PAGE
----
It’s clear that Edunova is determined computers will not become white elephants in the schools with whom they partner.
“A cost that is often underestimated is staff development,” Berry points out, echoing the complaints from the staff at the Naziema Isaacs library. Most of Edunova’s work is done in disadvantaged communities and a key aspect of its philosophy involves collaboration between schools and other community organisations.
“A collaborative scheme works most effectively with between four and seven schools involved,” says Berry. “Such a collaboration would involve joint training sessions, information exchanges, flexible use of staff with key skills in ICT, maths and science, or sharing specialised facilities such as a drama room or playing field.”
A training session is in progress in the well-equipped computer room at Masiphumelele Primary, where teachers drawn from local schools are working. Their screens are alive with fruit and vegetables as they work on a lesson on nutrition, a topic covered at various levels in current school curricula.
Berry and Thole move from computer to computer, assisting the presenters from Computers4Kids, a computer education programme used by 200 South African schools. These programmes are available to learners in the computer lab and include user-friendly outlines of the lesson assessments and ongoing pupil evaluations now demanded in the outcomes-based education model.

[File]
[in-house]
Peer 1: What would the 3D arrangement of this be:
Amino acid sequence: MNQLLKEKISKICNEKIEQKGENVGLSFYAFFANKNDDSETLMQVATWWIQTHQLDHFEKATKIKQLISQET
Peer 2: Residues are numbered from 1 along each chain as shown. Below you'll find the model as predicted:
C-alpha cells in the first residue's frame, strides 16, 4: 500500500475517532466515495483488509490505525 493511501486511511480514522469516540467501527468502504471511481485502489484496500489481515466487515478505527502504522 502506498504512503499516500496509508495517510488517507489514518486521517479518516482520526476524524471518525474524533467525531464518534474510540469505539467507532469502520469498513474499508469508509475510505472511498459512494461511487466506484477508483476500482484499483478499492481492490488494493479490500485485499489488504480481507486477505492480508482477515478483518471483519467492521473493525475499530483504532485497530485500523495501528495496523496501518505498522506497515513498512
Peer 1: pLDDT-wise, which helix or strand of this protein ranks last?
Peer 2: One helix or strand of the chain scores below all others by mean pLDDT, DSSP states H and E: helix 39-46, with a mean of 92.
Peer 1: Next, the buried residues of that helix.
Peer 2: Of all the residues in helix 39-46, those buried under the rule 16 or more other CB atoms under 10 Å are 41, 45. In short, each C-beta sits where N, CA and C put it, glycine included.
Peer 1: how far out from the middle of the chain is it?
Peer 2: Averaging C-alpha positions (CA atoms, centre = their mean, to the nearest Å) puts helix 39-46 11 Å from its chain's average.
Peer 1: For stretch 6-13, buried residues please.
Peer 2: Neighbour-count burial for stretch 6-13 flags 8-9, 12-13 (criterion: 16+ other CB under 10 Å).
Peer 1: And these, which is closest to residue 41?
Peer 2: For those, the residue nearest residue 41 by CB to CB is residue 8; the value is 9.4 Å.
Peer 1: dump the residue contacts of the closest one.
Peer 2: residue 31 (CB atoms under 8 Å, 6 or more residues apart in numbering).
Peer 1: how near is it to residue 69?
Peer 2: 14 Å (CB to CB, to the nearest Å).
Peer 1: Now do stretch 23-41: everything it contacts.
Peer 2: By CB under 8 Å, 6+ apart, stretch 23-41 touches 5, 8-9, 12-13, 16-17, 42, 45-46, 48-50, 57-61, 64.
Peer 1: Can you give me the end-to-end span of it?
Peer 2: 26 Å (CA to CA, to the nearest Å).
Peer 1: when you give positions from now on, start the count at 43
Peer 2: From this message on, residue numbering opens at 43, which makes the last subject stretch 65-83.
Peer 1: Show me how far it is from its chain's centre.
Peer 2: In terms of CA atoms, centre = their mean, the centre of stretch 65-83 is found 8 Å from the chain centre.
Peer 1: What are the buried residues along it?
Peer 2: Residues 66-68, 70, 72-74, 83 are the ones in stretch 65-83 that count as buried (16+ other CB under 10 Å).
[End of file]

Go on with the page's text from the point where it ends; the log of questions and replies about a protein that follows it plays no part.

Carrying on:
Edunova was involved in British initiatives to build schools designed to introduce change, such as classrooms with three walls of brick and mortar while the fourth is made of glass and borders a recreation area. Learners who complete tasks more quickly can go and relax while still in full view of the teacher.
Innovations like these may be beyond the budget of South African schools, but Edunova has some creative structural alternatives. Learning hubs are shipping containers built to accommodate a computer laboratory with any number of computers in a secure, air-conditioned and networked solution, which can be delivered to a school quickly.
Edunova’s commitment to education isn’t confined to primary schools. Through contacts with Britain, they have also brokered the donation of a world-class management information system to TSiBA, the Cape Town extension of the phenomenally successful free university, CIDA, in inner city Johannesburg.
Edunova currently operates a pro bono support system to ensure the programme is used to maximum advantage on the campus.
There are no easy solutions to the South African education crisis. “There is no active national ICT leadership development programme or academy,” complains Thole. “Some of the educators are growing in confidence and skills, but they get gobbled up by the day-to-day operational realities of their individual schools and much of the potential is dampened.”
Despite these problems, young South Africans, from writers to librarians and computer experts, are taking concrete steps to resolve the chronic skills shortage - and their efforts are making a difference.